7 Things Your Customer Won’t Tell You!

    By Patricia Lotich | Small Business

    Most successful organizations understand the importance of making their customers happy.  These businesses recognize that customers provide the revenue to pay the bills and are the financial life-line to the organization.

    There are many ways to solicit feedback from customers – surveys, focus groups, comment cards - but what about those things that aren’t reflected in any of those tools?

    Most customers won’t complain when they have a bad experience and but will share a bad experience with others.  People now use social media to vent frustrations, making it important to know when your customers have a bad experience so the issue can be remedied.

    There are some of the things that customers notice but probably won’t tell you.  Maybe because it requires too much energy, maybe because they really don’t care that much or maybe they just don’t like conflict.  Regardless, there are things customers observe and experience that they won’t bother telling you.

    • Bad Website

    A business website is the window to the world and in today’s competitive environment, there is no excuse for having a confusing, disorganized or slow website.  Fortunately we’ve come a long way and don’t have to invest tens of thousands of dollars to have a good website.  There are lots of free software available, and for the price of a domain and hosting, there should be no more excuses. Businesses that sell online don’t have the luxury of having a bad website because most customers won’t take the time to muddle through it.

    • Dirty Facility

    It is easy to lose sight of an aging facility and become blind to the chipped paint or stains on the carpet. However, customer notices all of these things the minute they walk through the door.  Nicked up walls, dirty windows and filthy restrooms are examples of facility issues customers contend with but probably won’t say anything about. We’ve all had the experience of going in a restroom that was out of toilet paper, paper towels or even soap. These things a customer remembers but business owners are unaffected by.

    • Improvement Opportunities

    Customers go through the processes that businesses put in place and can instantly recognize flaws in the system.  Most customers will tolerate a bad process if the end product or service is worth the frustration, but will rarely tell you about it.  For example, if a customer has a difficult time navigating your website, they may spend the time looking for the right page but may not share with you how difficult it was.  It is important to have an objective person walk through all of your customer processes to ensure they are customer friendly and easy to navigate.

    • A Better Deal

    Today’s competitive environment means there is always the risk of a competitor coming along and doing something cheaper, faster and better. Customers probably won’t tell you when they find a better deal. They will just disappear and take their business elsewhere.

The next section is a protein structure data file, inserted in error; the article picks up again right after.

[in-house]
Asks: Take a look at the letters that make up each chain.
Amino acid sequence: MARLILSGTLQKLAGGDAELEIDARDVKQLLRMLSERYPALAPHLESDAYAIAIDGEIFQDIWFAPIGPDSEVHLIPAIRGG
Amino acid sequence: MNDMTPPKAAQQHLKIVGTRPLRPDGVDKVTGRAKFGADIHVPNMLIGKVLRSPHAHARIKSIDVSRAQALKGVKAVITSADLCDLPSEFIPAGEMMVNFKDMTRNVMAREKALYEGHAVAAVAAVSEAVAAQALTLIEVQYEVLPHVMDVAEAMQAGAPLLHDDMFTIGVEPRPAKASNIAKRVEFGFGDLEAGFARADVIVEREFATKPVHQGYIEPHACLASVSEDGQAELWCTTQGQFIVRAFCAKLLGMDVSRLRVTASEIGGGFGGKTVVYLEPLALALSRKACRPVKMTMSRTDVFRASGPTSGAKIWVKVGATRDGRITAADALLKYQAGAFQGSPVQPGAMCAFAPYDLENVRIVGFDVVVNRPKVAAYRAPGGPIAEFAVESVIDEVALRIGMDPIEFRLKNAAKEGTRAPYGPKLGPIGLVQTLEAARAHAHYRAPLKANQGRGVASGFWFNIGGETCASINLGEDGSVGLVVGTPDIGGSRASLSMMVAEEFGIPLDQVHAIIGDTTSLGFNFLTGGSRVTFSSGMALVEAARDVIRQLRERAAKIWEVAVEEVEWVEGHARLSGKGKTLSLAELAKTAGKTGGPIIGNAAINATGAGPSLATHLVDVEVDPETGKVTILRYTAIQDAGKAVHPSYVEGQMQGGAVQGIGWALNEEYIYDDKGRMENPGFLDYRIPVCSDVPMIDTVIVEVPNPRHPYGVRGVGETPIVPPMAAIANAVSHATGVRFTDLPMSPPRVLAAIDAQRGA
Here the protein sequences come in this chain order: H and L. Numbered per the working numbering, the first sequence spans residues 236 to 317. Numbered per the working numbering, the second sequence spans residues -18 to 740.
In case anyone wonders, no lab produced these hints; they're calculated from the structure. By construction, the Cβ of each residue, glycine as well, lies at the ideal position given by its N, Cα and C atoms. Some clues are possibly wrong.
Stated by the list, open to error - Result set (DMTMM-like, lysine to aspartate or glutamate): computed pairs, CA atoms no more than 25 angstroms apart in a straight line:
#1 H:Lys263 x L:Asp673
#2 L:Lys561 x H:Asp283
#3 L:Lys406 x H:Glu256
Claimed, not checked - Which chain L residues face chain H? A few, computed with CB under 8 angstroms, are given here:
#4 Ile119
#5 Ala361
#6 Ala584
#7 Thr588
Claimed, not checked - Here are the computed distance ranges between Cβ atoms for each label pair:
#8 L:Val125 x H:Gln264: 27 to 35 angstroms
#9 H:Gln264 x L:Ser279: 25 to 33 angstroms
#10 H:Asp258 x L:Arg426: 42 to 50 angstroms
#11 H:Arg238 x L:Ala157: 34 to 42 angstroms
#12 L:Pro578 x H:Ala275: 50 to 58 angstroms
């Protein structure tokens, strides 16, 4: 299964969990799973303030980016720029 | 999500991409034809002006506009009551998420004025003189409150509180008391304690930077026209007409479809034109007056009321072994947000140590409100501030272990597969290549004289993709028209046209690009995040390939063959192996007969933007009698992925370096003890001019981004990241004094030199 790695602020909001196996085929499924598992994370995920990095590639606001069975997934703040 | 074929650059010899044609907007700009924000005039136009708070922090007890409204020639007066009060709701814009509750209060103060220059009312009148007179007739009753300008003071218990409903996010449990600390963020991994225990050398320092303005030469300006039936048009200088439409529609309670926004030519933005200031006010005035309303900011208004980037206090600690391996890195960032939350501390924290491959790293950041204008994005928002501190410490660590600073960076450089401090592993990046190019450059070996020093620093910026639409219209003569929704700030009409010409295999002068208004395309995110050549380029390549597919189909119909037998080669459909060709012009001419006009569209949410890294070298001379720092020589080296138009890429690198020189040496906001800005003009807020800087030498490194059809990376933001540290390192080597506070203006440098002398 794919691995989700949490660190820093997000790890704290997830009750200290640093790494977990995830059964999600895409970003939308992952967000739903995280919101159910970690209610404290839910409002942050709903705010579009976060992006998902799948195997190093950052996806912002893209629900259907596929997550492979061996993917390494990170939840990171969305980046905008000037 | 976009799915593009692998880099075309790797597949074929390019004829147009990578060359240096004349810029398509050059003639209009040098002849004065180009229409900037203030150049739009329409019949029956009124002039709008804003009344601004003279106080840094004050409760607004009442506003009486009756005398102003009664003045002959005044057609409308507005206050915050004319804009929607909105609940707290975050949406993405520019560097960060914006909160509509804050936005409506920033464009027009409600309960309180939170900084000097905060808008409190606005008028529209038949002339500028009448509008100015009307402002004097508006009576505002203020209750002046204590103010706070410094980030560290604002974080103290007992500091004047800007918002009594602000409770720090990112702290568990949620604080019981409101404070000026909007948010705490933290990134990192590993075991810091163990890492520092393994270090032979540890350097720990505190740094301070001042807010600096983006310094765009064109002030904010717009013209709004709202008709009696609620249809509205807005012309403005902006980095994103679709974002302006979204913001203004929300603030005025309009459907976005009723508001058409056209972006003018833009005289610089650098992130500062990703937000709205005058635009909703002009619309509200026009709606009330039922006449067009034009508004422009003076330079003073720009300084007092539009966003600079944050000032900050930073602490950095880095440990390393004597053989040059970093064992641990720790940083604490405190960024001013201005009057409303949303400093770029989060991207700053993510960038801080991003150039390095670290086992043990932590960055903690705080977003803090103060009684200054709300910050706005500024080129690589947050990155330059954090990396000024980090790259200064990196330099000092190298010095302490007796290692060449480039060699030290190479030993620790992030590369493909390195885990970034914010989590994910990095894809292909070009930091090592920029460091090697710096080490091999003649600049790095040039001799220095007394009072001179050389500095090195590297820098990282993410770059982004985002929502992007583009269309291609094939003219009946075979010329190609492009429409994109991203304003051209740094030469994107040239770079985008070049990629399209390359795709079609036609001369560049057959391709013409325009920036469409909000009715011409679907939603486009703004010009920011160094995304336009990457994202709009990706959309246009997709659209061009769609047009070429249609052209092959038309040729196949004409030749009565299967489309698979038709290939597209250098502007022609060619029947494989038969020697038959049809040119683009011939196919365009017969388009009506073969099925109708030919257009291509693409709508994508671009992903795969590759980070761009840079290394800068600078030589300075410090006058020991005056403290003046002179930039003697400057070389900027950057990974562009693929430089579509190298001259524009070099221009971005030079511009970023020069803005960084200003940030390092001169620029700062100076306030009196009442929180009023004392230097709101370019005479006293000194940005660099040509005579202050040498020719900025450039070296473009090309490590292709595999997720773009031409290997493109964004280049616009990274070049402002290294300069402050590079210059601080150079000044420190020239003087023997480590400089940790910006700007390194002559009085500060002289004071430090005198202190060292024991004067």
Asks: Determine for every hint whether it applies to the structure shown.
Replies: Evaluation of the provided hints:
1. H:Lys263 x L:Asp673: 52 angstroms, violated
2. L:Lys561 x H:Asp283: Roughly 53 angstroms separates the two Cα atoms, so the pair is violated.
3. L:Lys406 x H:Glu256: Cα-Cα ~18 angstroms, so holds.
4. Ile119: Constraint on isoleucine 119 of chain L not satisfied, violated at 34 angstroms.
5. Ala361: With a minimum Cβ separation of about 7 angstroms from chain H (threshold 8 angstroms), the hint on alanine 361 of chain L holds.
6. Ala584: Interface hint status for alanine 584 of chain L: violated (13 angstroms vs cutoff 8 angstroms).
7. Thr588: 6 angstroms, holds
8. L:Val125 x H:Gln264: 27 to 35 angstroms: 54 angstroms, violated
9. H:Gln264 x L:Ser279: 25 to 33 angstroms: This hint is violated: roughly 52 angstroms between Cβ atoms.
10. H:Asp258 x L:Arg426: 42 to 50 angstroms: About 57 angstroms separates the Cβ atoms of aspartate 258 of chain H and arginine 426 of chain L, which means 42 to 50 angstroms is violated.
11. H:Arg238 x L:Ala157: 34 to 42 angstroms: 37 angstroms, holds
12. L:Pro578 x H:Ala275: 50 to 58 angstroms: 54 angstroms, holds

• Rude Employees

    Customers deal with rude employees all the time and simply tolerate a less than positive experience.  Rude employees can have a major impact on an organization’s ability to meet customer requirements.  I have complained about rude employees in the past but only when they are extreme.  Those employees who are socially awkward, dismissive or inattentive don’t usually warrant the energy of making a complaint.

    • What Others Are Saying About You

    We’ve all heard the horror stories that someone else experienced with a business.  The unfortunate thing is these situations are often shared on social media and the organization may not even be aware of it, at least until they discover it online.  Those are issues that need to be fixed and important to know about. Set up a Google alert for your business name and any other keywords that relate to your business.  Monitor this and act on issues that arise via social media.

    • When They Have a Great Experience

    I personally have had many great experiences with organizations but rarely make the effort of letting them know.  I do tell others who may have a need for the same product or service.  I enjoy sharing a cool website or new product I discover that makes my life easier with others. Word of mouth really is the best way to gain new customers and if you can wow them with the experience, it’s a free way to gain new customers.

    These are just a few things that customers won’t tell you. Figure out ways to engage with your customers and encourage them to share their experiences (both good and bad) so you can fix what needs to be fixed and create products customers want to use.

    Patricia Lotich (twitter: @patricialotich) is the founder of The Thriving Small Business and a small business coach. Patricia helps business owners solve problems and develop strategy and goals to achieve objectives. Schedule a free 30 minute phone consultation with Patricia to see how Thriving Small Business can help your organization.

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